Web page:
The ruin also offers a unique opportunity to study how a building was constructed in the first place. A friend of mine, Scott, was very disappointed, on a memorable visit to the National Railway Museum in York, that the famous Flying Scotsman was in pieces in The Works, but I found it fascinating; it is not every day you get the chance to view the interior of a legendary steam train or a Medieval castle.
The irregularities in the stonework in contrast with the regular brickwork and concrete of my home town and places like it, the unique opportunities for shadows to play across the ground, the connection to a shared history, the novelty, the feeling of being enclosed whilst also being open to the elements; surrounded by thick stone walls and Gothic arches that let in views of the Channel and a large proportion of the Town below (in the case of Hastings Castle).
Am I a romantic fool? Most probably. Do I care? Not a jot.
If memory serves me, this reconstruction of a Roman gateway is only a short walk from Manchester’s Museum of Science and Industry, on Liverpool Road. The gateway marks what would have been the North entrance to the fort at Mamucium, a garrison town on the road between the Romano-British centres of Chester and York. The reconstruction is definitely worth investigating, especially if you are visiting the MOS&I anyway.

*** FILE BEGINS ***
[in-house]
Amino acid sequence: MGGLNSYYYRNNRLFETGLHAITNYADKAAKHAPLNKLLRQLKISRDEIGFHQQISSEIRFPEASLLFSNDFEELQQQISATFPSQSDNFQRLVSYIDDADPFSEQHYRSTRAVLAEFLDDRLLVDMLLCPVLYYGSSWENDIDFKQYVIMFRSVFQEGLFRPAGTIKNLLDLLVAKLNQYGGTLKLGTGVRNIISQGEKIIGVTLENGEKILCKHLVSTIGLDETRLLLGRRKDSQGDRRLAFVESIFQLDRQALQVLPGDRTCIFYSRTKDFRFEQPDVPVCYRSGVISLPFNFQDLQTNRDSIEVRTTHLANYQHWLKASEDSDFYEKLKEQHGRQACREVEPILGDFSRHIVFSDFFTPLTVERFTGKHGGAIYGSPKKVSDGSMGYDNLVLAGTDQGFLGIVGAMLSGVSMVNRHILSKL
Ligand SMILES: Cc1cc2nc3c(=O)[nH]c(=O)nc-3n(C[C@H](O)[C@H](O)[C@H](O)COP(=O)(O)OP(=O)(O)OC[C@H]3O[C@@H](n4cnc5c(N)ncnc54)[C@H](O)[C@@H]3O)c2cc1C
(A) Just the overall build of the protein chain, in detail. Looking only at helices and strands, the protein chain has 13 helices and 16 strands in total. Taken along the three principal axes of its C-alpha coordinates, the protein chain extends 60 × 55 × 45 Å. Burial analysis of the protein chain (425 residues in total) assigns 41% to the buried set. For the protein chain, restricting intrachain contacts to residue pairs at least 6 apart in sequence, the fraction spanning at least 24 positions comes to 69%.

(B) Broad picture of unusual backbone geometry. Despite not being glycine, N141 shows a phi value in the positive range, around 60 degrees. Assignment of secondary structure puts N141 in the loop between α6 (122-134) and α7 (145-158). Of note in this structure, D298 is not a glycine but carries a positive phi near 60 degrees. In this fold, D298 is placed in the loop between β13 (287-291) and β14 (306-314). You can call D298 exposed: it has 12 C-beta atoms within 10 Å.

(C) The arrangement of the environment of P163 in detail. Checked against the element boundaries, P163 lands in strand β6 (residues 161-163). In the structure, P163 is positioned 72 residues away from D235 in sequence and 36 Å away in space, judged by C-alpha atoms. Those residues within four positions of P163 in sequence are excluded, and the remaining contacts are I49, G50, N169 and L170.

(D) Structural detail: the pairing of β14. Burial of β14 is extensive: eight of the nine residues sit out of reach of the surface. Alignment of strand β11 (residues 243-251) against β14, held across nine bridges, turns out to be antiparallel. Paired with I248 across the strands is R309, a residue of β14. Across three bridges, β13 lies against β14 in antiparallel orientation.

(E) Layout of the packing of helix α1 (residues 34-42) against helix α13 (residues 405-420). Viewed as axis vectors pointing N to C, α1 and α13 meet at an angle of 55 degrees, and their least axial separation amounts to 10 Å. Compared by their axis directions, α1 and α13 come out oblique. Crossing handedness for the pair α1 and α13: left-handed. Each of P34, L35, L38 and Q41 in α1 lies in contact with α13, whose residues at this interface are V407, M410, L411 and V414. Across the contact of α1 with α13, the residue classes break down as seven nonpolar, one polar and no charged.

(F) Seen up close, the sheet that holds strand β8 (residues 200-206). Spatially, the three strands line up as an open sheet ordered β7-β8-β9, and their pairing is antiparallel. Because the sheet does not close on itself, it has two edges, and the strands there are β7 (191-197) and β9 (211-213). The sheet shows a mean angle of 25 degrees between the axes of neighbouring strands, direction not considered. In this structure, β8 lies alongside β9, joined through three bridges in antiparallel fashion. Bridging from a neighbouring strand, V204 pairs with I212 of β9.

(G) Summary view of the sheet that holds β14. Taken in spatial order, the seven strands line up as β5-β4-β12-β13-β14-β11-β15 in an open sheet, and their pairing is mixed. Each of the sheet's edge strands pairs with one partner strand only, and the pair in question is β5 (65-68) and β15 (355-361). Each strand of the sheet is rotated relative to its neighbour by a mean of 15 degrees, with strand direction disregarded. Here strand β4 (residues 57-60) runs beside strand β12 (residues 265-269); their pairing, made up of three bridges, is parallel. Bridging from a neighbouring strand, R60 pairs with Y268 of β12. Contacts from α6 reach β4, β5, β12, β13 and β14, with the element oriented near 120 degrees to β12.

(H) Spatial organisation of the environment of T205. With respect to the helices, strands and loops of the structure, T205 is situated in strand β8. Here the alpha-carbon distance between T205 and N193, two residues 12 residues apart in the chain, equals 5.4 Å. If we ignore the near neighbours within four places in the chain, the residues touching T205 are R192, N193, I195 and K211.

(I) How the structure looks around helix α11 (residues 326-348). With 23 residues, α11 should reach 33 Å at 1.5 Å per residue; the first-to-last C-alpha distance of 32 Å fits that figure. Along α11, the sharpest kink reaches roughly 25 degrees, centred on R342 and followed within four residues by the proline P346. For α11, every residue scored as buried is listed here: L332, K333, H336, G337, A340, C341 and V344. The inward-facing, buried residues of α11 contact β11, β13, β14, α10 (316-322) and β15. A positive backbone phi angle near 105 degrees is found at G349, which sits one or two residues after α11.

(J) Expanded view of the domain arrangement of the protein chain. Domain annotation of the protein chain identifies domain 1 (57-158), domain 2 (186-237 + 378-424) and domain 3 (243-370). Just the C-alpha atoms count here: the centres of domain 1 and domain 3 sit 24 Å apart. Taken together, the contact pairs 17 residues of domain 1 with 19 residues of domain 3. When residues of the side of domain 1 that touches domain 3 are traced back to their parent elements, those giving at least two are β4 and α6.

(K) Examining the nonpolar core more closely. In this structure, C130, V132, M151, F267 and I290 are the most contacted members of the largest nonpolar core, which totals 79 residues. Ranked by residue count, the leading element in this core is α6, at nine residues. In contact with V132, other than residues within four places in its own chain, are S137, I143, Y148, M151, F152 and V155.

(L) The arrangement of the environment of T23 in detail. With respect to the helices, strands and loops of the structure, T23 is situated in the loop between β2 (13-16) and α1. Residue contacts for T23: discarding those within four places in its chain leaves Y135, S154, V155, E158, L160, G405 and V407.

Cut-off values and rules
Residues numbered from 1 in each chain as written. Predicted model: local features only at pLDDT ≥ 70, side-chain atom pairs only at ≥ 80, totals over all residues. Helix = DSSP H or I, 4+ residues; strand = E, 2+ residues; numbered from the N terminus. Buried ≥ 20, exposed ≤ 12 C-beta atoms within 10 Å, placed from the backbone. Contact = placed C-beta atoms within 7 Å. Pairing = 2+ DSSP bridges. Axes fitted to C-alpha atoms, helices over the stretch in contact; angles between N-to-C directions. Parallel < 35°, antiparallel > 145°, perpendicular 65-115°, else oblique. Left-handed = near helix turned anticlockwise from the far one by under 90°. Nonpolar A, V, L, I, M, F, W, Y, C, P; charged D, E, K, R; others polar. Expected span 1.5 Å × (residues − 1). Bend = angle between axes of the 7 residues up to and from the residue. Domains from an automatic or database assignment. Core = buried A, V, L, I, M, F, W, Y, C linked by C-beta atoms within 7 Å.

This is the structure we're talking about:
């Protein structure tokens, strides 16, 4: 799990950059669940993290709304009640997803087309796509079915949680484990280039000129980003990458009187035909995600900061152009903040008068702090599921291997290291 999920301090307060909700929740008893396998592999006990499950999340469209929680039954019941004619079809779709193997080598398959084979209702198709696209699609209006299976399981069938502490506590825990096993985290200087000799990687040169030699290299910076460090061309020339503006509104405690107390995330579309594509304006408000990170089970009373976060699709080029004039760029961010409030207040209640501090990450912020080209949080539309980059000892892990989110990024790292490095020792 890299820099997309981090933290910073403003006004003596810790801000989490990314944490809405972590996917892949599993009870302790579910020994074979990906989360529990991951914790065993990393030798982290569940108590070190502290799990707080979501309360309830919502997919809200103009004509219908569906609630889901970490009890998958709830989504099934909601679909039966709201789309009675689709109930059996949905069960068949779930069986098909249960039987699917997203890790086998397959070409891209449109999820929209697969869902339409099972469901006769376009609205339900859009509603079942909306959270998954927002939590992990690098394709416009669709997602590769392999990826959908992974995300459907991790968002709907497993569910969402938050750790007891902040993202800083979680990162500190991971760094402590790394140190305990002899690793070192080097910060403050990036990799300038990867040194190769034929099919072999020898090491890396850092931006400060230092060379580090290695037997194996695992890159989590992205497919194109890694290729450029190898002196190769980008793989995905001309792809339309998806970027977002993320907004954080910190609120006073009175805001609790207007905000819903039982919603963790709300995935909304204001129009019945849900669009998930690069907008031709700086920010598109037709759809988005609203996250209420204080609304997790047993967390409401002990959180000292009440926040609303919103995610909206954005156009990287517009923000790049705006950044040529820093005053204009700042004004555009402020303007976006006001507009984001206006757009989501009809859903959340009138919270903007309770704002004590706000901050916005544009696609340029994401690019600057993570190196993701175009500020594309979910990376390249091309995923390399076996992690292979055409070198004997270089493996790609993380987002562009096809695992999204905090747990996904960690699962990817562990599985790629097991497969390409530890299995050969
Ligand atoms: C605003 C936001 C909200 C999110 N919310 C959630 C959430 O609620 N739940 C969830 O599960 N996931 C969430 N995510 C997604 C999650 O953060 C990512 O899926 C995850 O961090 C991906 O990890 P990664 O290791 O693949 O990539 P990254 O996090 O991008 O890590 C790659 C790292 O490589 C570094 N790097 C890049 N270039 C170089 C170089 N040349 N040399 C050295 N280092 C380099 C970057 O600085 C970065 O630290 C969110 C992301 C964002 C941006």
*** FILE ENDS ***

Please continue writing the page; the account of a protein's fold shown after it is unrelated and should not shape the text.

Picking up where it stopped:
Here are four of my best photographs of the Lincolnshire Aviation Heritage Centre’s famous Lancaster bomber, “Just Jane”, which I was lucky enough to see taxiing around the East Kirby airfield yesterday afternoon. The smell and the sound of the aircraft are just as fascinating as its appearance, so if you are planning a visit, I’d recommend checking that the Lancaster is going to be running on that day and the time its running [if I’d arrived 30 minutes later we would have missed it completely).
…and as I usually post my top five photographs, here is something completely different from the Centre’s vast collection of artifacts:
If you would like more information about the Lincolnshire Aviation Heritage Centre follow the link here: http://www.lincsaviation.co.uk/
A photograph incorporating twelve individual portraits, in a range of styles and frames, with enough space left for two vases of flowers and some interesting period features; how could I resist?
At some point the photograph has been cropped, cutting off some writing that was on the back; presumably a description of what we’re looking at [curses]. We have been left with the date however; July 1945.
Whoever took this photograph must have had a very stressful Second World War with the welfare of what looks like five soldiers, three airmen and a Royal Marine on their mind for the duration! I wonder how they’re all related?
Note the soldier who is so addicted to his pipe that he wont take it out of his mouth to have his photograph taken!
For those interested in interior design, note the textured wall paper, the rather bulky lock on the door, the bannister rail and the bakelite light switch.